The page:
At Washington University, groundbreaking work is underway to turn the concept of machines controlled by human thoughts from science fiction into reality. A few years ago, neurological surgeon and biomedical engineer Eric Leuthardt, MD, and colleagues implanted a grid of electrodes on the brain of an epilepsy patient; they showed that the grid not only served its intended diagnostic purposes but also allowed the patient to control the video game Space Invaders, moving his ship left and right and firing without ever touching the keyboard.
Today, Leuthardt and his colleagues are working to develop more extensive brain-computer interfaces (BCI) that will provide patients with robotic assistance to move their own limbs or to manipulate entirely artificial robotic prosthetics. Leuthardt, who founded and directs the Center for Innovation in Neuroscience and Technology at Washington University, sees a wide range of potential applications for this type of technology, ranging from stroke to neuromuscular disorder and from amputees to patients with paralysis.
Older approaches to BCIs used single implanted electrodes to monitor individual neurons as they fired, but those electrodes frequently become encased by scar tissue, impairing their ability to receive signals. Leuthardt’s team has turned instead to electrocorticography as a platform for translating brain activity into signals that can control BCIs. Research has shown that electrocorticography, which relies on a grid of electrodes enclosed in a polymer sheath and implanted on the surface of the brain, has a lower signal-to-noise ratio, requires less patient training, is less risky and is easier to implement than previous techniques.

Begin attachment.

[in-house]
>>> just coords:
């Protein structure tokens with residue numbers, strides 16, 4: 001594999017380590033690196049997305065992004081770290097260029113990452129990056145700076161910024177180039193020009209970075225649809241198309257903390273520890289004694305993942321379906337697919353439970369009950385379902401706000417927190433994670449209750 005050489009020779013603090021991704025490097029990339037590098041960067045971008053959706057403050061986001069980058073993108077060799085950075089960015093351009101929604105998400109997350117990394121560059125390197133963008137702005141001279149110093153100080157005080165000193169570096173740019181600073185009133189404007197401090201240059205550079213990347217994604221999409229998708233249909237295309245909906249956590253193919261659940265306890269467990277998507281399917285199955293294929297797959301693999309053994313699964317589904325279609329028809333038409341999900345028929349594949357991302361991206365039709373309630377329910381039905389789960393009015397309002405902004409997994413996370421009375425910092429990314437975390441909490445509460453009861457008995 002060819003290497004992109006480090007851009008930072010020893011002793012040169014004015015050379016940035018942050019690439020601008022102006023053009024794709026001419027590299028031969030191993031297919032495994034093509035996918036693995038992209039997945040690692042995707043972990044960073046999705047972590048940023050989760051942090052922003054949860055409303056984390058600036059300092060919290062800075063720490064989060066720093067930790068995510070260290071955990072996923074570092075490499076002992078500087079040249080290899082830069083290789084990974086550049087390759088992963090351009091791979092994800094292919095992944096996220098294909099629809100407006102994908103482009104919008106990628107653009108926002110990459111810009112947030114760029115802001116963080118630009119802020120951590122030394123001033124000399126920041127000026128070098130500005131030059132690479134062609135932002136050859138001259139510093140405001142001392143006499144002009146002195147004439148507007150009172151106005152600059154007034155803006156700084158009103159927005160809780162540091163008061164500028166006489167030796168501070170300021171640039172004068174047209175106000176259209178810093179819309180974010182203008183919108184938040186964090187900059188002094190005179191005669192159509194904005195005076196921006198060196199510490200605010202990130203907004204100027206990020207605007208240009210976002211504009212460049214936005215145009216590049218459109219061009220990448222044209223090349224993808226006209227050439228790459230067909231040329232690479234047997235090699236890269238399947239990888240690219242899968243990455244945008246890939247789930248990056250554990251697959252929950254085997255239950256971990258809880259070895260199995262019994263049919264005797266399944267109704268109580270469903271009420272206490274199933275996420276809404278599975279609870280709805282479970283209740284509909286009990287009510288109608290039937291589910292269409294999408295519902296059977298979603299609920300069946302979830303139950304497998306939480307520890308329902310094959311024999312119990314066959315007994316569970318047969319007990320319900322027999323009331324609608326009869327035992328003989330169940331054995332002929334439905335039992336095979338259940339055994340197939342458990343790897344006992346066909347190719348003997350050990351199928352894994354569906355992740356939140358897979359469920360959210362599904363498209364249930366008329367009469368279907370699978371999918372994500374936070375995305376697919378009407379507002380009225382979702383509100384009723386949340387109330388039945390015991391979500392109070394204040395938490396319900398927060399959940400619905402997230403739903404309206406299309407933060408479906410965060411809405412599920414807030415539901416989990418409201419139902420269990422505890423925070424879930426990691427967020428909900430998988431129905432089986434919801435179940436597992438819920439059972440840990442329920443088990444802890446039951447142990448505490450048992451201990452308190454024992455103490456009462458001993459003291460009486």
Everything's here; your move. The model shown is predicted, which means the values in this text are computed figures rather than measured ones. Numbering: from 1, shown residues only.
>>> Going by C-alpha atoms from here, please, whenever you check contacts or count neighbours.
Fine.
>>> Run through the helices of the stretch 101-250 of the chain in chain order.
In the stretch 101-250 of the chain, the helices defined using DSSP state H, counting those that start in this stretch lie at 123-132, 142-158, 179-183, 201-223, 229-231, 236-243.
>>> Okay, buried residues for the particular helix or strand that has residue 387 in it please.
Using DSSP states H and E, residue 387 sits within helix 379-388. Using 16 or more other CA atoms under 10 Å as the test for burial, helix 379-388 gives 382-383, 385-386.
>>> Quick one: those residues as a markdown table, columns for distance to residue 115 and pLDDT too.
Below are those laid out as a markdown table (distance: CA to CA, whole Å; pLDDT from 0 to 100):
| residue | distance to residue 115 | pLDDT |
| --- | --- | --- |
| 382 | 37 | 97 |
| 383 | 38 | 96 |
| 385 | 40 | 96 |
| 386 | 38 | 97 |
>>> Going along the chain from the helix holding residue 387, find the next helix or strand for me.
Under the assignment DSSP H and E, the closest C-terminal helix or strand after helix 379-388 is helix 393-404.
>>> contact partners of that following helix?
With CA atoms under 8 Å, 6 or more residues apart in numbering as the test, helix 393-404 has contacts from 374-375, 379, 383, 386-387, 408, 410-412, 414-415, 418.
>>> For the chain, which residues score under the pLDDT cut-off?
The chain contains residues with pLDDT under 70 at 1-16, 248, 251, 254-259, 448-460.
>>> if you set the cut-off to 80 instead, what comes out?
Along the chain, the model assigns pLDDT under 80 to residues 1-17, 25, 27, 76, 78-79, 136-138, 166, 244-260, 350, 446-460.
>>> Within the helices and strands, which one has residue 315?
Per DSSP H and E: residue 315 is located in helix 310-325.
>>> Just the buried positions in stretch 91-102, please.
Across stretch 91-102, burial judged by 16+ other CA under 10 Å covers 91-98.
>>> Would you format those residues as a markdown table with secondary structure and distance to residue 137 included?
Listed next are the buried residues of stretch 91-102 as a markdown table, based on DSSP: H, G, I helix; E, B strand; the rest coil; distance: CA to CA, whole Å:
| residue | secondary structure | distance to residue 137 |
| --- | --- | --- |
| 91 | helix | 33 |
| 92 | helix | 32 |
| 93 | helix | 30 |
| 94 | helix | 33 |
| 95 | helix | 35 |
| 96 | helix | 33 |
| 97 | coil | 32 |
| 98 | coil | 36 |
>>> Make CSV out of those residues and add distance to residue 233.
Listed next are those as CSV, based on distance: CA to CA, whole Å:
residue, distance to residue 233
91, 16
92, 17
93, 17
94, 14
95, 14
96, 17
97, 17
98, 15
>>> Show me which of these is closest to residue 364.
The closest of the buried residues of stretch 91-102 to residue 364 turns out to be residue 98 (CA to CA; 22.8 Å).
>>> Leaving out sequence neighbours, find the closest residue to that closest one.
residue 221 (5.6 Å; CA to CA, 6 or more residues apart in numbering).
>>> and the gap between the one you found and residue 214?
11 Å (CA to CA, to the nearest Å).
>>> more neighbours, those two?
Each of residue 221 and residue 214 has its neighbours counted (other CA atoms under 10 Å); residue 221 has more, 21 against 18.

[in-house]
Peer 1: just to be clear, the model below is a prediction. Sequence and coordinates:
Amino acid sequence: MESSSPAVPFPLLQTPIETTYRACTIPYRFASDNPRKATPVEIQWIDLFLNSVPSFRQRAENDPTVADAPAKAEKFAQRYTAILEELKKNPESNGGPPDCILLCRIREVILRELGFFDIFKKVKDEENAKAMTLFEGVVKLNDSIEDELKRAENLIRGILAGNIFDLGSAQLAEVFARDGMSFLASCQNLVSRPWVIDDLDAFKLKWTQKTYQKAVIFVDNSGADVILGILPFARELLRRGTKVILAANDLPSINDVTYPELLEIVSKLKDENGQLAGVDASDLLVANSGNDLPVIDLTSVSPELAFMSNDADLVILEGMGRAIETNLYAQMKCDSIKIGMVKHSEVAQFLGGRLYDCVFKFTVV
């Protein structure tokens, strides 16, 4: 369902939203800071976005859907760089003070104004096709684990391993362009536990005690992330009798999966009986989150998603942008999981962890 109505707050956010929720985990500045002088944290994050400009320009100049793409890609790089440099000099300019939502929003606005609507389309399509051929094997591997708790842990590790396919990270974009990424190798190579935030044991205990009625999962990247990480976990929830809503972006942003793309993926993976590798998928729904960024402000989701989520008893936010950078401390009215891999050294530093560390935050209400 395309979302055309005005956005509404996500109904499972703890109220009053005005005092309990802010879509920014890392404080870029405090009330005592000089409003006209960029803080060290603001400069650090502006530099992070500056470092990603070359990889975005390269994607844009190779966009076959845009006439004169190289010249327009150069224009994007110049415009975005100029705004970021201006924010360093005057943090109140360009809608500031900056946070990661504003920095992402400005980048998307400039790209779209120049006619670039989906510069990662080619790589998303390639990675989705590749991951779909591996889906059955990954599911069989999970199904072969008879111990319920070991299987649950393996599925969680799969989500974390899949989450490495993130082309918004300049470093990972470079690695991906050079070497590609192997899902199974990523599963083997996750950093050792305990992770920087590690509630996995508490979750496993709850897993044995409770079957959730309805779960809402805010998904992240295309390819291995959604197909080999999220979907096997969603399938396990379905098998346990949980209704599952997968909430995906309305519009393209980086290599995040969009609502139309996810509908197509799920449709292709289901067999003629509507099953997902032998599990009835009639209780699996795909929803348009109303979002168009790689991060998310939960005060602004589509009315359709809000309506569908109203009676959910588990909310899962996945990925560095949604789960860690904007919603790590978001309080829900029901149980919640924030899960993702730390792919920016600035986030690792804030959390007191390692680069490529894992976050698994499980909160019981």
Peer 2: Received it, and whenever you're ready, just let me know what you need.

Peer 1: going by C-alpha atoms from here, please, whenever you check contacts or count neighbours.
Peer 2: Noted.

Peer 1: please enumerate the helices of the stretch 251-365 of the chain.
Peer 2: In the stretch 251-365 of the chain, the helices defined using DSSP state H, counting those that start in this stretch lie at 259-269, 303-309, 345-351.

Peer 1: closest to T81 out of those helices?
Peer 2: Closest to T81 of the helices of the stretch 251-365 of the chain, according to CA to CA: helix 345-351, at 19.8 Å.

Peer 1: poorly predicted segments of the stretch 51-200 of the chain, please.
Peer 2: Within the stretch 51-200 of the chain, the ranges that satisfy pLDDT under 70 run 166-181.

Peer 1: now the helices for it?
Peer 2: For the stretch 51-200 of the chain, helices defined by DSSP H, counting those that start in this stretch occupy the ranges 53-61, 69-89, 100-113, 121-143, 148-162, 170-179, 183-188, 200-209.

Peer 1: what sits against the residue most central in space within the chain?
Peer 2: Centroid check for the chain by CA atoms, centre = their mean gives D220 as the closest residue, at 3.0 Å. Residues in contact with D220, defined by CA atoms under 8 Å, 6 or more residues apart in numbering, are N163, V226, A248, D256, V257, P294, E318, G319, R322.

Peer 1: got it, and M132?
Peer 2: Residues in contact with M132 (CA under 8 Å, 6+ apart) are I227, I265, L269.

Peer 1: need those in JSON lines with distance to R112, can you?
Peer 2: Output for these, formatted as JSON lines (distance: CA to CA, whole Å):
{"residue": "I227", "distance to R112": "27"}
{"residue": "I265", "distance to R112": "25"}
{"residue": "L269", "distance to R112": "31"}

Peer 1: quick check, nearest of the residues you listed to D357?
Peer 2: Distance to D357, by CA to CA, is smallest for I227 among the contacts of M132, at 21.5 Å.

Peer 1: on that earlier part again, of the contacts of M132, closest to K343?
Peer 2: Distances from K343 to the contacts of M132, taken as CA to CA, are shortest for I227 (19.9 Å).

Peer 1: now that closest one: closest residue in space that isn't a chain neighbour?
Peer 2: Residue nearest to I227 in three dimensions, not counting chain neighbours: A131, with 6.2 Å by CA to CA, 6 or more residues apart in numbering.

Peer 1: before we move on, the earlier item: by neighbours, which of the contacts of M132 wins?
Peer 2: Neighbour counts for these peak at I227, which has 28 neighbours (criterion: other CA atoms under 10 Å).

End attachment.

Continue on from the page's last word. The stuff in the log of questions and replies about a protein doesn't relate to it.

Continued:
To develop technology that can help stroke and cerebral palsy patients walk more naturally and manipulate objects with their hands with greater dexterity, Leuthardt and his colleagues are using brain electrodes implanted for diagnostic purposes to study signals sent from the brain to manipulate the body. Most of these signals cross over, coming from one side of the brain to limbs on the opposite side. But some signals go from one half of the brain to limbs on the same side of the body.
A high percentage of stroke and cerebral palsy patients have damage to just one side of the brain, leading to stiffness and involuntary movements on the opposite side of the body. If researchers can better understand the brain’s ability to control limbs on the same side of the body, they may be able to connect the undamaged side of the brain to BCIs that make it easier for patients to use limbs affected by cerebral palsy.
As science improves its understanding of the basic physiology of the motor cortex and computer scientists continue to miniaturize and improve the processing speeds of computer technology available to biomedical engineers, Leuthardt and his colleagues, writing in a review of the prospects for neuroprosthetics, suggested that neurosurgery may soon be entering a new era.
“In the future, a neurosurgeon’s capabilities will go beyond the ability to remove offending agents such as aneurysms, tumors, and hematomas to prevent the decrement of function,” they wrote. “Rather, he or she will also have the skills and technologies in their clinical armamentarium to engage the nervous system to restore abilities already lost.”